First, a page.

5 steps to making you a better negotiator

I am often asked my top tips for being a better negotiator, so I have decided to put pen to paper and let you all in on the secret…..

 

  1. Preparation, Preparation, Preparation.

There is nothing that will get you further than being well prepared, yet is often the part of the process we spend least time on – we are too busy, we ‘know’ what we want already so no need. Well the most effective negotiators don’t skimp on this area. They know everything they need to know, and some stuff they will never need to know, before they begin. It gives confidence, shows your strength under questioning and prevents errors in judgment.

 

  1. Negotiation is TRADING.

I really can’t highlight this one enough. Too many negotiators think of negotiation as a competition, as a chance to win, as a chance to get everything their way. In the real world, it simply does not work that way. It’s also not about conceding, giving and capitulating!

Negotiation is a process by which we obtain something we want, from someone who wants something from us.

It is not one sided. It is about making a trade. Always remember it is an exchange of wants, and never to give anything away for nothing.

 

3 There is no substitute for knowledge.

Don’t waste your time (and theirs) by not listening and trying to understand the other party’s positions and arguments. By truly understanding what they want, why they want it and how much they want, only then can you put together an effective proposal.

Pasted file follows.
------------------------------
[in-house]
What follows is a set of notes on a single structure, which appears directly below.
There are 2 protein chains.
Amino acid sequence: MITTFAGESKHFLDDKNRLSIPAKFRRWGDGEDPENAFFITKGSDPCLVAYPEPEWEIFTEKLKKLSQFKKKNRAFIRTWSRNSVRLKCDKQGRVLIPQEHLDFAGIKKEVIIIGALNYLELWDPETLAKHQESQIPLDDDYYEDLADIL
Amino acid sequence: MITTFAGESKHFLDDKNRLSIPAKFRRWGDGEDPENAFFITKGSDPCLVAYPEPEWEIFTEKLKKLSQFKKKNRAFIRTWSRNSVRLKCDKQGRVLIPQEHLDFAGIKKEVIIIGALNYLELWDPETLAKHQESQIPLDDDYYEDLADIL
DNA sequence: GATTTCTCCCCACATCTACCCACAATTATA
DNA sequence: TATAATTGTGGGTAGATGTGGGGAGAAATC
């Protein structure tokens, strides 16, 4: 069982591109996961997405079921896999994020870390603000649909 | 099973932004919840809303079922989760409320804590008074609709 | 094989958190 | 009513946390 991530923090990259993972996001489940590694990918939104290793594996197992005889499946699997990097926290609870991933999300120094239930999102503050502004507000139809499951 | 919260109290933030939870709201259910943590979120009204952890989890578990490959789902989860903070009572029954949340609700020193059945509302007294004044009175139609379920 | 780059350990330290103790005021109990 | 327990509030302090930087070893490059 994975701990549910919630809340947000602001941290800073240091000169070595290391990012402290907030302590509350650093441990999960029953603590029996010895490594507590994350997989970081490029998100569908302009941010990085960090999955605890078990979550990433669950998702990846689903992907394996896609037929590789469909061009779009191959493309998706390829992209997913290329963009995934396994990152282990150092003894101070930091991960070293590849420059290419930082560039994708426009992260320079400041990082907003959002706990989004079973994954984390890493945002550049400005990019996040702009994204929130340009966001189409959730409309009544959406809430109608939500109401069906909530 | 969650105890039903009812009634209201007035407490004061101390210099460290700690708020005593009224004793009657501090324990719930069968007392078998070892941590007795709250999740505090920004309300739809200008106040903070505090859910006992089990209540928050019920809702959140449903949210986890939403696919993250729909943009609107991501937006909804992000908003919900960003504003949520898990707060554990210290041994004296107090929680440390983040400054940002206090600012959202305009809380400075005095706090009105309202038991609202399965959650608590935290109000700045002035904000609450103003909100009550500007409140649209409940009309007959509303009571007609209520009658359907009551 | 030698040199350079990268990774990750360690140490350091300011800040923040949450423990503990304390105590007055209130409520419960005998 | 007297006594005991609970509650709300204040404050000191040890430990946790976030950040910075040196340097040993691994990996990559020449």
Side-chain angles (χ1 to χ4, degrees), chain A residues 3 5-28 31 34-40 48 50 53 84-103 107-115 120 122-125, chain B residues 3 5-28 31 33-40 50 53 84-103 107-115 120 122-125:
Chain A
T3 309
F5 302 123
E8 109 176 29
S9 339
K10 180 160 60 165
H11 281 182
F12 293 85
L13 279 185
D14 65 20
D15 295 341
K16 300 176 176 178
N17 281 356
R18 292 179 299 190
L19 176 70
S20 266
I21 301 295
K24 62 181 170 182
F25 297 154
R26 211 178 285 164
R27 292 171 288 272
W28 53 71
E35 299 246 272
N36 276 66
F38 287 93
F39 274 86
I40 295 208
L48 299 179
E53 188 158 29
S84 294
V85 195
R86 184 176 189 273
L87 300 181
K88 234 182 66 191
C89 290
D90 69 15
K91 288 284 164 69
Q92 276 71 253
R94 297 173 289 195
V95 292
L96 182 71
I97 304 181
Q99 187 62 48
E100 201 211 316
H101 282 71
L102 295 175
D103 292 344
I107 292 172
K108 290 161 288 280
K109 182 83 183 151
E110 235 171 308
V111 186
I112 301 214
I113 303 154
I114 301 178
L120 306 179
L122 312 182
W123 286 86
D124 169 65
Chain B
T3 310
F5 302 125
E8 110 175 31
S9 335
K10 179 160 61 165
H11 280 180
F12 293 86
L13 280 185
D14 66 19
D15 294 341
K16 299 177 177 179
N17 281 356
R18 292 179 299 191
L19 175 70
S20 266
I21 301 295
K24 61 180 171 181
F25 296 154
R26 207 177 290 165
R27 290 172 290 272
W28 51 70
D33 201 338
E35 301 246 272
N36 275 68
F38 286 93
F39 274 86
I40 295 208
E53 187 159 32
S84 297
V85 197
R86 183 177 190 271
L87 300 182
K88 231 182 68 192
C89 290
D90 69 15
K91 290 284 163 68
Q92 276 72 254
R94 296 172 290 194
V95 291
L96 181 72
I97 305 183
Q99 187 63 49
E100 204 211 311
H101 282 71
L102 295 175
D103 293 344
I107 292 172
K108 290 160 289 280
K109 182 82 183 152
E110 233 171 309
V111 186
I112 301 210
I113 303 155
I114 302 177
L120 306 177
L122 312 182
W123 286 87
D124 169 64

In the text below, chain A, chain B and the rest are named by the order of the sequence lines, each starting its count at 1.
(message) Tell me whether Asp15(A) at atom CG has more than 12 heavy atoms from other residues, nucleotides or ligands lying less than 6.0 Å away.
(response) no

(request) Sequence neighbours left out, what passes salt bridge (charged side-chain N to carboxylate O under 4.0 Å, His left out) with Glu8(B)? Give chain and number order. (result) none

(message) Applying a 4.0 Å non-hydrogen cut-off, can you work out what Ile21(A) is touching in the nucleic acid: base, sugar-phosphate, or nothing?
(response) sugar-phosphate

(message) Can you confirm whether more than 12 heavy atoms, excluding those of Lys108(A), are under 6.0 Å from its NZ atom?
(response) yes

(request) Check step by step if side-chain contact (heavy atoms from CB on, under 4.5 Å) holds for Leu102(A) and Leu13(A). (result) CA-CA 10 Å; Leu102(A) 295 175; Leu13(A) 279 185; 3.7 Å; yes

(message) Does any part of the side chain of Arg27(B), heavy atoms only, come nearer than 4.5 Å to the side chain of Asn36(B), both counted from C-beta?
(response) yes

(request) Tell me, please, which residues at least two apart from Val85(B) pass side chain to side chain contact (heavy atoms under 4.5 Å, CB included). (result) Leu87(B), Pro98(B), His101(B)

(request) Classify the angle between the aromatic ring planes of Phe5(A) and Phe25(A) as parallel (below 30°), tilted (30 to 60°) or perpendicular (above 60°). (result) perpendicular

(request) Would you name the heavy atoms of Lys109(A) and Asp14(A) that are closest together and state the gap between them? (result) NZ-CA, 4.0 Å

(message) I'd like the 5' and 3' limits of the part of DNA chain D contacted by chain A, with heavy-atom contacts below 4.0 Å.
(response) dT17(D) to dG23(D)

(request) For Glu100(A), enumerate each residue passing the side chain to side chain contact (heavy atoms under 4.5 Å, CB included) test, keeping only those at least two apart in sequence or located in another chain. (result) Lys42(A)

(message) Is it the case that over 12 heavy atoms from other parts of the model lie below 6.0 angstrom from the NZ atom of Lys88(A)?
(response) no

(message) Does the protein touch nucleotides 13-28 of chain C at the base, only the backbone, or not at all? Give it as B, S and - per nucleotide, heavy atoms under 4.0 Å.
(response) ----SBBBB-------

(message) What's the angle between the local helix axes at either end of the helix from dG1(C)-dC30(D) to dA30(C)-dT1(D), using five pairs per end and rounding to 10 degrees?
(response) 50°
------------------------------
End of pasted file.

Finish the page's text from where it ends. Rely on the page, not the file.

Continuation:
Arrogance in believing that you are the only party that matters will be a disaster. Communication skills are a crucial part of any successful negotiators tool kit. Spend time debating, gaining information and trying to understand their needs.

 

  1. If… THEN

The two most powerful words in the negotiators dictionary. They embody the exchange discussed in number 2.

IF you give me something I want, THEN I will give you something you want.

It is simple. Assertive. Clear. Concise. An exchange of wants.

 

  1. Negotiators think in ranges.

Negotiation is not black and white, there is not one position, but many. Don’t make it harder for yourself – and the other party – to come to a deal by being inflexible and have no movement possible from your demands.

The best negotiations occur when the negotiators both make movements from their opening positions in order to get the best deal. Be clear though, that you cannot go further than your exit points – or the deal is not acceptable under those terms.

Prepare your entry and exit positions with care and realism, not just what you’d like to happen.